Sleep Health

Sleep and Alcohol

By Helga George

Practically everyone who drinks alcohol realizes that you go to sleep more quickly after having a nightcap. As many as 20% of Americans drink alcohol to fall asleep on a regular basis according to the National Sleep Foundation.

Alcohol is a depressant – it slows down your central nervous system. This causes your muscles to relax and your brain function to slow down. Therefore, you fall asleep more quickly compared to normal.

If that were all that alcohol did to your sleep cycle, it would be fine. However, alcohol consumption before bed greatly affects how you sleep later in the night by inhibiting your sleep quality. A key problem of using alcohol as a sleep aid is that it affects your REM sleep and your whole circadian rhythm.

Why Does REM Sleep Matter?

About one-quarter of our normal sleep phase involves REM, short for rapid eye movement. This is the phase of sleep where we dream, and it is during this cycle that our bodies do most of their healing and restore themselves.

In addition, your brain makes chemicals that directly affect your mood during REM sleep. This is part of the reason why a reduction in this type of sleep can make you feel cranky and irritable.

Even if you only drink low or moderate amounts of alcohol at bed, this can dramatically reduce the amount of your REM sleep.

If your REM sleep is disturbed, you will wake up groggy and unfocused. You may even suffer from impaired motor skills and memory.

If this continues to happen over time, you stand a good chance of developing insomnia.

Alcohol Can Give You Night Sweats

Proper regulation of your body temperature is a key component of getting a good night’s sleep. All is well and good when you first go to sleep after drinking. At first, the alcohol cools your body down.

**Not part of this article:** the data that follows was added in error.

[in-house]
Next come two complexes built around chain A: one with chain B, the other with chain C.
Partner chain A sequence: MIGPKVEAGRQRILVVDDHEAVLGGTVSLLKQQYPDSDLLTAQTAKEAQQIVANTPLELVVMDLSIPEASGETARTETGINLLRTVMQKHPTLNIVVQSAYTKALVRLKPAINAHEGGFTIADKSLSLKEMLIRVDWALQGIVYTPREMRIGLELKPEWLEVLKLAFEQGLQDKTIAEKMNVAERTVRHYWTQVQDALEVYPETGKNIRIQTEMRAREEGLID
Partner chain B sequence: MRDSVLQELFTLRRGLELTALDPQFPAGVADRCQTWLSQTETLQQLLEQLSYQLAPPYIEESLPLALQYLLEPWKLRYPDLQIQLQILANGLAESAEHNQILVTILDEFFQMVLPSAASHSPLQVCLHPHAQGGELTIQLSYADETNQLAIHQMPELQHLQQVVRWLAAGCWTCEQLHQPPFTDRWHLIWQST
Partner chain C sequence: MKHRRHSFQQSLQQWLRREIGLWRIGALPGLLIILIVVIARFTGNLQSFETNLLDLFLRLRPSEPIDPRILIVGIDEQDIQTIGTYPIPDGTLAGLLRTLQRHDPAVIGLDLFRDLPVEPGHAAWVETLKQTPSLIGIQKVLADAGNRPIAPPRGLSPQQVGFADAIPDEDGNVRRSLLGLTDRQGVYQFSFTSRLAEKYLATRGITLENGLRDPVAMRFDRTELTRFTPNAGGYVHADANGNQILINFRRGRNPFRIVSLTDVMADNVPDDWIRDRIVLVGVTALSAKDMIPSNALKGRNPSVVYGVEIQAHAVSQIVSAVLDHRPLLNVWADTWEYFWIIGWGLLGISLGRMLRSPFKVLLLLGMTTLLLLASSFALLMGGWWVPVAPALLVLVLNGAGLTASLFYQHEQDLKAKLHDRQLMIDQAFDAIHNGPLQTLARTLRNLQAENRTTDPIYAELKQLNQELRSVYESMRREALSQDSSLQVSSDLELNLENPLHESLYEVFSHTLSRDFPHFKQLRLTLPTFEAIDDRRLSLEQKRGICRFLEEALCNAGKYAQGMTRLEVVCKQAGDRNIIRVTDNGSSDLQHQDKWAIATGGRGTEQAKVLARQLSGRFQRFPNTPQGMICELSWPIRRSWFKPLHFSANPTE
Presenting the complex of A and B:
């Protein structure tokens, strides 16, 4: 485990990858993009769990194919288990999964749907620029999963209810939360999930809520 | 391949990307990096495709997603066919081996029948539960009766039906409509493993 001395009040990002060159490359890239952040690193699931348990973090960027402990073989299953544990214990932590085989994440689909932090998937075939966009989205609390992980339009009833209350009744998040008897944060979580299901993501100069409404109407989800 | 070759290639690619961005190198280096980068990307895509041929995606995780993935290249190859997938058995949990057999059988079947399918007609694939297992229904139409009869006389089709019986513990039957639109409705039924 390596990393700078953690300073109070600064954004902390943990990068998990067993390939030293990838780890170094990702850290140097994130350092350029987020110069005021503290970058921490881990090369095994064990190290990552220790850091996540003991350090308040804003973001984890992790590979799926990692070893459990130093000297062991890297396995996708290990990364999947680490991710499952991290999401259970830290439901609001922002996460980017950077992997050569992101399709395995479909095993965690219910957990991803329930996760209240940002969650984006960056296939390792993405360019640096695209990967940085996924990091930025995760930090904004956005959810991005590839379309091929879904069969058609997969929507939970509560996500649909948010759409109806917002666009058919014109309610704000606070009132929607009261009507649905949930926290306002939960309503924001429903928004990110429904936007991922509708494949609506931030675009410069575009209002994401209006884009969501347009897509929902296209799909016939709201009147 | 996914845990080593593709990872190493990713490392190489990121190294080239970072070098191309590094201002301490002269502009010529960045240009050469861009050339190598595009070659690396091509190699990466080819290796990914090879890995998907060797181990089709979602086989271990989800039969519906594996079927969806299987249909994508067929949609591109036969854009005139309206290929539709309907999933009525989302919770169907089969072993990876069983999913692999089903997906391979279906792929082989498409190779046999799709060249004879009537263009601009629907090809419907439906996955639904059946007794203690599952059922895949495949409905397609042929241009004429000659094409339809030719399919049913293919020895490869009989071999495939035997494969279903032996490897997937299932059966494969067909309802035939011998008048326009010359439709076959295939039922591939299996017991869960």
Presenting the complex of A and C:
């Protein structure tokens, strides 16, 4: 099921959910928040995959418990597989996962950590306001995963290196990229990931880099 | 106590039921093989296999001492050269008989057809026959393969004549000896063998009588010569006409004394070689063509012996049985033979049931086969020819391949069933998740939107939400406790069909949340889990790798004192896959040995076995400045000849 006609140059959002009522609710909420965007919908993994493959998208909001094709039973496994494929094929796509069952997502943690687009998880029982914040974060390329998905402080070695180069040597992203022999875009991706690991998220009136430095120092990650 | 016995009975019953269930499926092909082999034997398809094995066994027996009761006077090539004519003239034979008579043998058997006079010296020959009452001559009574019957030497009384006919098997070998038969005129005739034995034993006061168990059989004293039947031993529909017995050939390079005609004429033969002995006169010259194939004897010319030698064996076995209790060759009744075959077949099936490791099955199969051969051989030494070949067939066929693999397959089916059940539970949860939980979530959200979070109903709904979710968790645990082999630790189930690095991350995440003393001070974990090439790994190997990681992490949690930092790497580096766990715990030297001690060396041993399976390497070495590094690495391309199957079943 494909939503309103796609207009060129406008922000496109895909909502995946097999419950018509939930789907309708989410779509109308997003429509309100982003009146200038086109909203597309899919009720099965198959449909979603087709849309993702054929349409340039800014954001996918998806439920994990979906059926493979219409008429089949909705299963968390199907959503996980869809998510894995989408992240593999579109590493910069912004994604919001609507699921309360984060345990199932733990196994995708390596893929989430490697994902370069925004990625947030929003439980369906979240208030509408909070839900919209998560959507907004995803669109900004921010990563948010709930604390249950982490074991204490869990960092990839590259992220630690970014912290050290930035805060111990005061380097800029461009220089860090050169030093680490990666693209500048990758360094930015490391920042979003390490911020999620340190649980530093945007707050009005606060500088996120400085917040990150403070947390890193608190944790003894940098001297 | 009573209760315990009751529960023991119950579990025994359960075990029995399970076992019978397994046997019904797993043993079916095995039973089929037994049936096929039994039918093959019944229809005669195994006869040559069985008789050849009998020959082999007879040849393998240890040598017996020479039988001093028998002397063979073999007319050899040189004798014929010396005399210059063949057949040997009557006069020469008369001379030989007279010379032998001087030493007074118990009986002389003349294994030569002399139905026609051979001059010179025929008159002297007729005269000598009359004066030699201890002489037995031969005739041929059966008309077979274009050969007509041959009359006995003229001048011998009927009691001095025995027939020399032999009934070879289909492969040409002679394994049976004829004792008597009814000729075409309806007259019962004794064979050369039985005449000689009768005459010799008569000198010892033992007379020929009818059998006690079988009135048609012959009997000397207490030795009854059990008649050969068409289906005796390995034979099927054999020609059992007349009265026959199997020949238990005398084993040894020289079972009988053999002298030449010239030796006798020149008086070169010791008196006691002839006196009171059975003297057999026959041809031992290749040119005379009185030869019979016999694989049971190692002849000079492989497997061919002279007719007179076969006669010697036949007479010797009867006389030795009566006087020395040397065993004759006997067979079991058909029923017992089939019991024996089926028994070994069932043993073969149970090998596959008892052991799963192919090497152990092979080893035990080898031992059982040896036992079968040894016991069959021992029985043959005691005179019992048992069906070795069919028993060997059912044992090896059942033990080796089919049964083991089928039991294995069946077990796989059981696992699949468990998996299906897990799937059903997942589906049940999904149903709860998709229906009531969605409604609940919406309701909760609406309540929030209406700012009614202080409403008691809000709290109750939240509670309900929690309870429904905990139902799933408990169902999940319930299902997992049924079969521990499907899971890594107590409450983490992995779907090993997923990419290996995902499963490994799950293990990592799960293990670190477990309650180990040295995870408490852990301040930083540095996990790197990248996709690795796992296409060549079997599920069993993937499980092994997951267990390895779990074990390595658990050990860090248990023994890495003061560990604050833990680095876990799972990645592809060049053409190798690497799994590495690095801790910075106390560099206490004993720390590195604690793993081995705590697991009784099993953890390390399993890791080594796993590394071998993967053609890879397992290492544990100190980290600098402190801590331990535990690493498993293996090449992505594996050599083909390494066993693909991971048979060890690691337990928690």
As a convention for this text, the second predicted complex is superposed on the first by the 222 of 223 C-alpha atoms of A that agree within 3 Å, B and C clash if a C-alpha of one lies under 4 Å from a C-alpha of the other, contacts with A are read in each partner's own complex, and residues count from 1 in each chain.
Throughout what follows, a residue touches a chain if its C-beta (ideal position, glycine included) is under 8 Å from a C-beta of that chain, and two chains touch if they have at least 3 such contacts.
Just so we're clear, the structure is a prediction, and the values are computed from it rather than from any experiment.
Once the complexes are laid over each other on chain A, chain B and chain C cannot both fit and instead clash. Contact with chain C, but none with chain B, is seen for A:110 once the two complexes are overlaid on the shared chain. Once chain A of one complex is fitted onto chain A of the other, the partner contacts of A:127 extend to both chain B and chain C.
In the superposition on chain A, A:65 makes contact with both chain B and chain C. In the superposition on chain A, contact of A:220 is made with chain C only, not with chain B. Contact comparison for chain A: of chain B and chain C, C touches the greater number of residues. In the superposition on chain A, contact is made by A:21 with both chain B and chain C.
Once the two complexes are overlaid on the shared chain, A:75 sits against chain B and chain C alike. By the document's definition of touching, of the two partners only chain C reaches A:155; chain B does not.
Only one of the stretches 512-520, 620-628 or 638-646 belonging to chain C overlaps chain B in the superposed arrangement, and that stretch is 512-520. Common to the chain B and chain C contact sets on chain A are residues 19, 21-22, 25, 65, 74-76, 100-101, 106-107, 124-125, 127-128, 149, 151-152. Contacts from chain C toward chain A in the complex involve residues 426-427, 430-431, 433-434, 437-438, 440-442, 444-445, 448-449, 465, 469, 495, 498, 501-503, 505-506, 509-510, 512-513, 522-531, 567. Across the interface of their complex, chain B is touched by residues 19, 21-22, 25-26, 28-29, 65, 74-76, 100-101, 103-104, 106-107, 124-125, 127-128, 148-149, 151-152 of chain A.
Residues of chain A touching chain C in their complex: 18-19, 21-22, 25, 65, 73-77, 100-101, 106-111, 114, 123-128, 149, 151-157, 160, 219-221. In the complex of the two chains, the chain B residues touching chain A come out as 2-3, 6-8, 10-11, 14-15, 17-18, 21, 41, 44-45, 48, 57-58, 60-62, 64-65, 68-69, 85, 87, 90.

However, once the alcohol wears off, your body’s temperature will spike up. This can cause night sweats and is likely to wake you up.

How Else Does Alcohol Disrupt Sleep?

As you sleep, your body breaks down the alcohol you drank. Once it is gone, it is no longer affecting your brain. This can affect your brain waves and can be enough to wake you up.

Another thing that happens as you sleep is that your body starts to respond to changes in your metabolism and digestion in ways that can wake you up. For example, your body needs more sugar and water, and your digestive system has more acid.

Since alcohol is a diuretic and causes you to have to urinate frequently, you are more likely to get up and go to the bathroom if you drink it at bedtime.

You may also dream more vividly because you will have more abrupt transitions between your sleep stages if you drink alcohol at bedtime

All these effects of alcohol combine to create a perfect storm of ruining your sleep and hurting your ability to function the next day.

Alcohol Can Throw Your Circadian Rhythms Into Disarray

Your body has a normal group of cycles that are in synch due to a biological switch. These 24-hour cycles are known as circadian rhythms. They regulate almost everything that your body does, including your immune system, metabolism and sleep time.

When alcohol affects your sleep patterns, it is messing with your circadian rhythms – and therefore, most aspects of your body’s functions.  

Another way in which alcohol use at bedtime affects your circadian rhythm is by inhibiting the production of melatonin – one of the major hormones that control our sleep/wake cycles.

Without adequate melatonin, your body will respond poorly to the changes in light intensity that signal that it is time to go to sleep. In addition, you are more likely to develop sleep disorders.

Both Alcoholism and Recovery Can Affect Your Sleep

If you feel like you need alcohol for sleep, you will drink on a regular basis. At a certain point, as the sedative effects of the alcohol wear off, you will need more alcohol to feel the same effects. This can lead to alcoholism.